An interesting question came up on an expat forum this morning, about how well one feels about living where you are a minority as a predictor of how well you might adjust to another country. Talked to miko about this and she claims, “I’m not a minority, I’m a foreigner” in her typical lateral logic. I said I thought the similarities between the two are you are both outsiders in a way. In a sense, I’ve always felt like an outsider, so it’s not that different.
But I think there’s a danger holding such a perspective solely because one is living abroad in that there’s a more encompassing point: people are pretty much alike. As much as we all like to think we’re each special snowflakes, when these flakes hit the ground, warm in the sun, there is this flow of humanity, the good the bad, the amazing, the mundane, the awake and the asleep, it’s a current where there are still distinctions, but they are in the character of the individuals rather than the nationality, race, gender, religion or education. So I guess there’s some merit in the snowflake hypothesis after all, and perhaps less in the minority/foreign one.
I got up today at an ungodly 6:00am to stand in line with other foreign and domestic snowflakes at the ministry of foreign affairs, arriving there by taxi one hour before the doors opened at 8:30 as advised by our avocados. This is part of the mysterious (to us) process for getting our “cedula” or national id card, that opens other doors here. Miko brought her kindle, I was content just to close my eyes and float in the sea of conversations, seeing how many words I could recognize. Which brings me to a handy strategy for memorizing new words.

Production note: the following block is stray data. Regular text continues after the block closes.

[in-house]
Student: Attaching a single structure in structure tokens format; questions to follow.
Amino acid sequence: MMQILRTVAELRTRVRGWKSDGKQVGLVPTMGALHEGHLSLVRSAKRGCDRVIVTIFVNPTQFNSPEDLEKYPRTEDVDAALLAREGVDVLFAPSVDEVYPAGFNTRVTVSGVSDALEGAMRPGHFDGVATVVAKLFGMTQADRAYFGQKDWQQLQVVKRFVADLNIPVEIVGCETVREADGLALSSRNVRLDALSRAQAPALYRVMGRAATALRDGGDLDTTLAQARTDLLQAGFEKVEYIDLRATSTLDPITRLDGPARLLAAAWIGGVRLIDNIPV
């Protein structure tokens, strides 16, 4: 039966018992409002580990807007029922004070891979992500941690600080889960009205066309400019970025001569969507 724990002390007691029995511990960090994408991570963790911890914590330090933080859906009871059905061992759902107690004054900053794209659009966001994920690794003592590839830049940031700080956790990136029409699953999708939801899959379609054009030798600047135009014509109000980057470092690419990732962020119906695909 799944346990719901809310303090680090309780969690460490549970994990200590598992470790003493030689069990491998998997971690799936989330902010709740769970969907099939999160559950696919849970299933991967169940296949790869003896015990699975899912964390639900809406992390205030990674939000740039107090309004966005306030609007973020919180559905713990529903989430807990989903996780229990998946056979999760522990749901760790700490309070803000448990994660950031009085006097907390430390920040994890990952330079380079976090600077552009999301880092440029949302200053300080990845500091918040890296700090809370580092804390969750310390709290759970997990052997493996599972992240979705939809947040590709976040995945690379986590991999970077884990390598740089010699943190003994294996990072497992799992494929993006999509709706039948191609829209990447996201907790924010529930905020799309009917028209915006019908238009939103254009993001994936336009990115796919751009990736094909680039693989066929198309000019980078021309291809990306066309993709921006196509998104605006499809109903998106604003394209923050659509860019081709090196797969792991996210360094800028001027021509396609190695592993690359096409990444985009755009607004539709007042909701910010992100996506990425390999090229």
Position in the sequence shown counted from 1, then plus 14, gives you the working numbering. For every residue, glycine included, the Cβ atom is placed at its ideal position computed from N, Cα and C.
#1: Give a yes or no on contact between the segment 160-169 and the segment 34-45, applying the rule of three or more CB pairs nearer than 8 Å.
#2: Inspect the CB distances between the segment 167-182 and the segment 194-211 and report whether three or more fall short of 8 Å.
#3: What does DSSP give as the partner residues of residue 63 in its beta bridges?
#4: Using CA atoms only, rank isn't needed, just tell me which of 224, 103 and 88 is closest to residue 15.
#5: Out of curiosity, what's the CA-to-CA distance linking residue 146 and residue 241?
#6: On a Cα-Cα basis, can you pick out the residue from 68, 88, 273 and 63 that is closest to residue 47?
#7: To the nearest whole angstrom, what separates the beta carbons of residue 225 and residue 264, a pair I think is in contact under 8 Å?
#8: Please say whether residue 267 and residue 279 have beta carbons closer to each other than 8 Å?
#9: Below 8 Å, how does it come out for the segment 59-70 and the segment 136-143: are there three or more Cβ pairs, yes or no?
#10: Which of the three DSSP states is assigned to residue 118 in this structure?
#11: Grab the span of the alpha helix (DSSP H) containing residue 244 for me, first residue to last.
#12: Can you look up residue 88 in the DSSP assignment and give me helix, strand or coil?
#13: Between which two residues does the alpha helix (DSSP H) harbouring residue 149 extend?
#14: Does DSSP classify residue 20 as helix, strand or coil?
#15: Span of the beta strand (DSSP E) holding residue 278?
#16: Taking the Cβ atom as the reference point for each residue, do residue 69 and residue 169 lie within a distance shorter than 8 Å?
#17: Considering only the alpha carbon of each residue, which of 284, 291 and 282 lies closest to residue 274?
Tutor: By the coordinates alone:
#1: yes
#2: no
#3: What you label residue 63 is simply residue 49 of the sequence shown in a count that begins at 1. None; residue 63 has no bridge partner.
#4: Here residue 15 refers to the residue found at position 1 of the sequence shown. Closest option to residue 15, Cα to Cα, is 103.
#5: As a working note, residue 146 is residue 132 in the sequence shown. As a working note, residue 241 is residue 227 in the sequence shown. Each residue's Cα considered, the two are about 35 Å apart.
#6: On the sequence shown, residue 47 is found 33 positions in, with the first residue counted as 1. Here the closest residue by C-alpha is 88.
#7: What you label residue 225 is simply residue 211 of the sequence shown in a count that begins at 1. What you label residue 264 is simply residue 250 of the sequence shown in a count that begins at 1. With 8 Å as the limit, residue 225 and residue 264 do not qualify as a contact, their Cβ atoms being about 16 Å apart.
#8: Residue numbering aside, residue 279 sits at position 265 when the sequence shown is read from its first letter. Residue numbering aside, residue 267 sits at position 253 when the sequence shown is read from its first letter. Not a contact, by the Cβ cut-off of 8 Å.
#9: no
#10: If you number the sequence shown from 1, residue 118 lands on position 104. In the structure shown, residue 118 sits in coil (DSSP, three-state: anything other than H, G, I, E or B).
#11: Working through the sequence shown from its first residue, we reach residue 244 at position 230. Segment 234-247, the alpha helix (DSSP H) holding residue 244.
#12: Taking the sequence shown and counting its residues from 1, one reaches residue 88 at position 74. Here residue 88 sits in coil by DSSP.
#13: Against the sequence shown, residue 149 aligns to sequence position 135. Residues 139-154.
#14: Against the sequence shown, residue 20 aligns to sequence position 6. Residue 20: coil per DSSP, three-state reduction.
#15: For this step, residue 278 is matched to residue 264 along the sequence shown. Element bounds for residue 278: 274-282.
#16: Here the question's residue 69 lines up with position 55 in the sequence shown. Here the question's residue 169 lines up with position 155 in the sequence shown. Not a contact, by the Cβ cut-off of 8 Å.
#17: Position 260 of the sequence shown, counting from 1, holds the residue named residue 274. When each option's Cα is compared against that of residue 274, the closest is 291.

Avocado, for example, is my mental image for quickly memorizing the word for lawyer: abogado. I just imagined a big green avocado with a pencil moustache and tie carrying a briefcase and BAM, I’ll remember it forever. And so will you, probably. This is a secret(?) technique for remembering foreign words quickly. Miko was having problems remembering the word for “lost” which is “perdido.” Once I helped her imagine, just for fun a giant pear that spilled his bag of doritos and was looking for them under the couch, she has had no problems.
People with far more patience and time to kill than I claim you can go through the complicated visa and cedula processes here without an avocado. But, for example, if one were to say, sign some of the paperwork that took weeks to get the appropriate stamps and notarizations and bureaucratic seals with a black pen instead of a blue one as we almost did today, before our abogado casually asked if that was a black pen and offered his own, one would have to start the process for that document all over again.
And the word for avocado? Aguacate.
And today’s phrase of the day: Hay una fuga en este, or “there is a leak in this thing”, as in when you return the rice cooker you borrowed from the apartment manager that created a puddle on the kitchen floor.